LarssonLagercrantz-M4-GirlInTheSpidersWebUKBased on the fourth novel in Stieg Larsson’s Millennium series, written by David Lagercrantz, here’s the synopsis:

Lisbeth Salander and Mikael Blomkvist have not been in touch for some time.

Then Blomkvist is contacted by renowned Swedish scientist Professor Balder. Warned that his life is in danger, but more concerned for his son’s well-being, Balder wants Millennium to publish his story — and it is a terrifying one.

More interesting to Blomkvist than Balder’s world-leading advances in Artificial Intelligence, is his connection with a certain female superhacker.

It seems that Salander, like Balder, is a target of ruthless cyber gangsters – and a violent criminal conspiracy that will very soon bring terror to the snowbound streets of Stockholm, to the Millennium team, and to Blomkvist and Salander themselves.

The Girl in the Spider’s Web is published in the UK by Quercus, and in North America by Vintage Crime/Black Lizard.

Upcoming: BAD TIMES AT THE EL ROYALE

This just looks cool. Written and directed by Drew Goddard (The Martian, Daredevil, etc.), here’s the synopsis:

Seven strangers, each with a secret to bury, meet at Lake Tahoe’s El Royale, a rundown hotel with a dark past. Over the course of one fateful night, everyone will have a last shot at redemption — before everything goes to hell.

The cast, as you can see in the trailer, is excellent, too. Really looking forward to this one.

Upcoming: LAST NIGHT by Karen Ellis (Mulholland)

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In January 2019, Mulholland Books are due to published Last Night, the second novel in Karen Ellis‘s Searchers crime series. I enjoyed the first novel in the series, A Map of the Dark, and I’m looking forward to seeing how the character(s) develop in this second outing. Here’s the synopsis:

NYPD detective Lex Cole tracks a missing Brooklyn teen whose bright future is endangered by the ghosts of his unknown father’s past…

One of the few black kids on his Brighton Beach block, Titus “Crisp” Crespo was raised by his white mother and his Russian grandparents. He has two legacies from his absent father, Mo: his weird name and his brown skin. Crisp has always been the odd kid out, but a fundamentally good kid, with a bright future.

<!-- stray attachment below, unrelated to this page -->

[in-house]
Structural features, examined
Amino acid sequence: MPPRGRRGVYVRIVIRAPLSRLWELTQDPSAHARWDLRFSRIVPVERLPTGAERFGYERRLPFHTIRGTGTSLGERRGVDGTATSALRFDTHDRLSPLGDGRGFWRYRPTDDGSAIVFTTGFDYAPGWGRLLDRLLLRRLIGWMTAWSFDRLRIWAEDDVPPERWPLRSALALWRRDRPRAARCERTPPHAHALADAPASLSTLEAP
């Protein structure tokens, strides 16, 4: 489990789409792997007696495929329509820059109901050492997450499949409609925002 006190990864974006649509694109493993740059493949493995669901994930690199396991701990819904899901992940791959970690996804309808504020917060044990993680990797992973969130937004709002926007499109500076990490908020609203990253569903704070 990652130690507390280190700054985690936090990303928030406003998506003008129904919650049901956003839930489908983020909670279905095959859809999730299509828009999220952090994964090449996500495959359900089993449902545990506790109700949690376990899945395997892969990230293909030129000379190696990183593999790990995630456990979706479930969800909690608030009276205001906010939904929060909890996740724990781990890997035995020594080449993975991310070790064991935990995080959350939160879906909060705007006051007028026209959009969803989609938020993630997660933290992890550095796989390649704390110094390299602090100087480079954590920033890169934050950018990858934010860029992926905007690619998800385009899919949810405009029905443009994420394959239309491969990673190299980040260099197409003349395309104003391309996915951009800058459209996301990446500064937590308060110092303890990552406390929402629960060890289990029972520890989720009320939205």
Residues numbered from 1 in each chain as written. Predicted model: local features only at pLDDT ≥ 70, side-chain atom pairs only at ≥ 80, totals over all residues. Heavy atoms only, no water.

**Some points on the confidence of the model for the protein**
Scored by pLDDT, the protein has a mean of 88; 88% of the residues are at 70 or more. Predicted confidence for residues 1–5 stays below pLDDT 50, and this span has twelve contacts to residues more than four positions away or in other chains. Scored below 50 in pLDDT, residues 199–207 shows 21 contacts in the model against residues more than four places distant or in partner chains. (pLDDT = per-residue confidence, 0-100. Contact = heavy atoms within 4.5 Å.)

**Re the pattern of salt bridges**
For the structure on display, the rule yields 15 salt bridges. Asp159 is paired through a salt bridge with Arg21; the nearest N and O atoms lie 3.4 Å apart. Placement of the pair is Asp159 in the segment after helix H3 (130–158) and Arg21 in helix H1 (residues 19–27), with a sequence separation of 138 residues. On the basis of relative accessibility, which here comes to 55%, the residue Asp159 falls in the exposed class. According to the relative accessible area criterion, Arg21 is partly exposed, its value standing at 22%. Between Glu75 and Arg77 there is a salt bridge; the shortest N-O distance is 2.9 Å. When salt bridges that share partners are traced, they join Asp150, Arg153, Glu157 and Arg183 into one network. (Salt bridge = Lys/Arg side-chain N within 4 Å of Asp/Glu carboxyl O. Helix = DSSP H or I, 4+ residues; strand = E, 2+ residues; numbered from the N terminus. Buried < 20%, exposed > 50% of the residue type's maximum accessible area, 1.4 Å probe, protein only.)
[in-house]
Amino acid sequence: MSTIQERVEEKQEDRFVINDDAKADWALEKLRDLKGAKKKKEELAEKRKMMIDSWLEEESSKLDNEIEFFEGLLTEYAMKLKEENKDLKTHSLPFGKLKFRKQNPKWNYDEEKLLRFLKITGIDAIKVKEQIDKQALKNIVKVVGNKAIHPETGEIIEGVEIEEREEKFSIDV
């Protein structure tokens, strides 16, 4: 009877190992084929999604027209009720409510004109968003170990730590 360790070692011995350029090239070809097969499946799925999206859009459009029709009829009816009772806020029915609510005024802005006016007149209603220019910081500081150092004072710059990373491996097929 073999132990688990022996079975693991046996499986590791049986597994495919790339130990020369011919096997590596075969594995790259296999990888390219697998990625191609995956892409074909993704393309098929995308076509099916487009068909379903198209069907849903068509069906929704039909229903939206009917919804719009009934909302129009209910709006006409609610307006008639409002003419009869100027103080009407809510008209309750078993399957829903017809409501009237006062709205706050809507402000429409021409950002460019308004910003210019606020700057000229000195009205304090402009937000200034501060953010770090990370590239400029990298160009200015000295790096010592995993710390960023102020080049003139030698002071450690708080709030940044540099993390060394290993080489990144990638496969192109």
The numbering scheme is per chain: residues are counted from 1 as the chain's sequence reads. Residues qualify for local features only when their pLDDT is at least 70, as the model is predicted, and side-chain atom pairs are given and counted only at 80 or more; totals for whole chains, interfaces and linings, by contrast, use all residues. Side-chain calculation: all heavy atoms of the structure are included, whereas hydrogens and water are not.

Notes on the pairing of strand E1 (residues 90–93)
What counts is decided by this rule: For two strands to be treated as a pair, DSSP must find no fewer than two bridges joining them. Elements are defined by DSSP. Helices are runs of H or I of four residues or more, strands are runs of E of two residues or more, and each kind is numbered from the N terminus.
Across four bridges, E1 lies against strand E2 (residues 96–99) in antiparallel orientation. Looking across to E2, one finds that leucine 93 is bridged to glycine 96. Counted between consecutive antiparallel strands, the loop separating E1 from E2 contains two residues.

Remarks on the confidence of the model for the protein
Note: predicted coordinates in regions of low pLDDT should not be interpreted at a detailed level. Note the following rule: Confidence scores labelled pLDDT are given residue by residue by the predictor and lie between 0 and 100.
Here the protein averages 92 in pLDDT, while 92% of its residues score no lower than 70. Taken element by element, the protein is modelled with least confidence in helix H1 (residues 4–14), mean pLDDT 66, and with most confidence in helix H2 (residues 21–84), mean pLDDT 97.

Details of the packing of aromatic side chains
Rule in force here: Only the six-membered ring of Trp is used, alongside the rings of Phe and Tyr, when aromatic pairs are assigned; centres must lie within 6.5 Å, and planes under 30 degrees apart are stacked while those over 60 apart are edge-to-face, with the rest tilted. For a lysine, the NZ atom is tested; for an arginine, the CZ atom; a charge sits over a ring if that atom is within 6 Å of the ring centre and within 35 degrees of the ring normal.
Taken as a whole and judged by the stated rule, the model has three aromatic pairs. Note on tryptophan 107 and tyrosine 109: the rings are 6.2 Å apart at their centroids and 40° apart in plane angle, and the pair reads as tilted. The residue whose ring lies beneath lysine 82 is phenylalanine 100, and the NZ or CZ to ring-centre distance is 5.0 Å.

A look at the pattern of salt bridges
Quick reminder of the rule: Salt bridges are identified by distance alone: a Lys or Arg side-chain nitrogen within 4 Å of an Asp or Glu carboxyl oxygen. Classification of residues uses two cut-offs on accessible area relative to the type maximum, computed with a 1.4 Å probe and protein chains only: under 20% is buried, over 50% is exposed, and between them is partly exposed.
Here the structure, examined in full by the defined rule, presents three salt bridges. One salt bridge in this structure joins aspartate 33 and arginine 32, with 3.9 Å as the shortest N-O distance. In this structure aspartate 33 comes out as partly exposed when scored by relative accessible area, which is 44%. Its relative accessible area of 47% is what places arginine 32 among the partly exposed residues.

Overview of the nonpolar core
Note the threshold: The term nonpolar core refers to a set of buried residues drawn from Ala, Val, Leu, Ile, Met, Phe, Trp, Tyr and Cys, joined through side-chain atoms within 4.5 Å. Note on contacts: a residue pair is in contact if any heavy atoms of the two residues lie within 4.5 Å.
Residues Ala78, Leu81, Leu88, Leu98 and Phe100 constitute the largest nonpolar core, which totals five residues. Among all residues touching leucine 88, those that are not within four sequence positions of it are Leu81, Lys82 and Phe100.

But one impulsive decision triggers a horrible domino effect — an arrest, no reason not to accompany his richer, whiter friend Glynnie on a visit to her weed dealer, and a trip onto his father’s old home turf where he’ll face certain choices he’s always strived to avoid.

As Detective Lex Cole tries to unravel the clues from Crisp’s night out, they both find that what you don’t know about your past can still come back to haunt you.

Last Night is due to be published by Mulholland Books in North America and in the UK, in January 2019.

Also on CR: Review of A Map of the Dark

Follow the Author: Website, Goodreads, Twitter

Quick Review: THE MURDERS OF MOLLY SOUTHBOURNE by Tade Thompson (Tor.com)

ThompsonT-MurdersOfMollySouthbourneAn intriguing, creepy and ultimately tragic novella

Every time she bleeds a murderer is born.

The rule is simple: don’t bleed.

For as long as Molly Southbourne can remember, she’s been watching herself die. Whenever she bleeds, another molly is born, identical to her in every way and intent on her destruction.

Molly knows every way to kill herself, but she also knows that as long as she survives she’ll be hunted. No matter how well she follows the rules, eventually the mollys will find her. Can Molly find a way to stop the tide of blood, or will she meet her end at the hand of a girl who looks just like her?

This is the first book by Thompson that I’ve read. The first thing that jumped out at me was the quality of the author’s prose: it’s pristine, really. It’s journalistic in its clarity, it is gripping, expressive, and a delight to read. Over the course of this short novella, you’ll come to care for Molly, and even some of the mollys. Once again, Tor.com have published a fantastic piece of short speculative fiction. Continue reading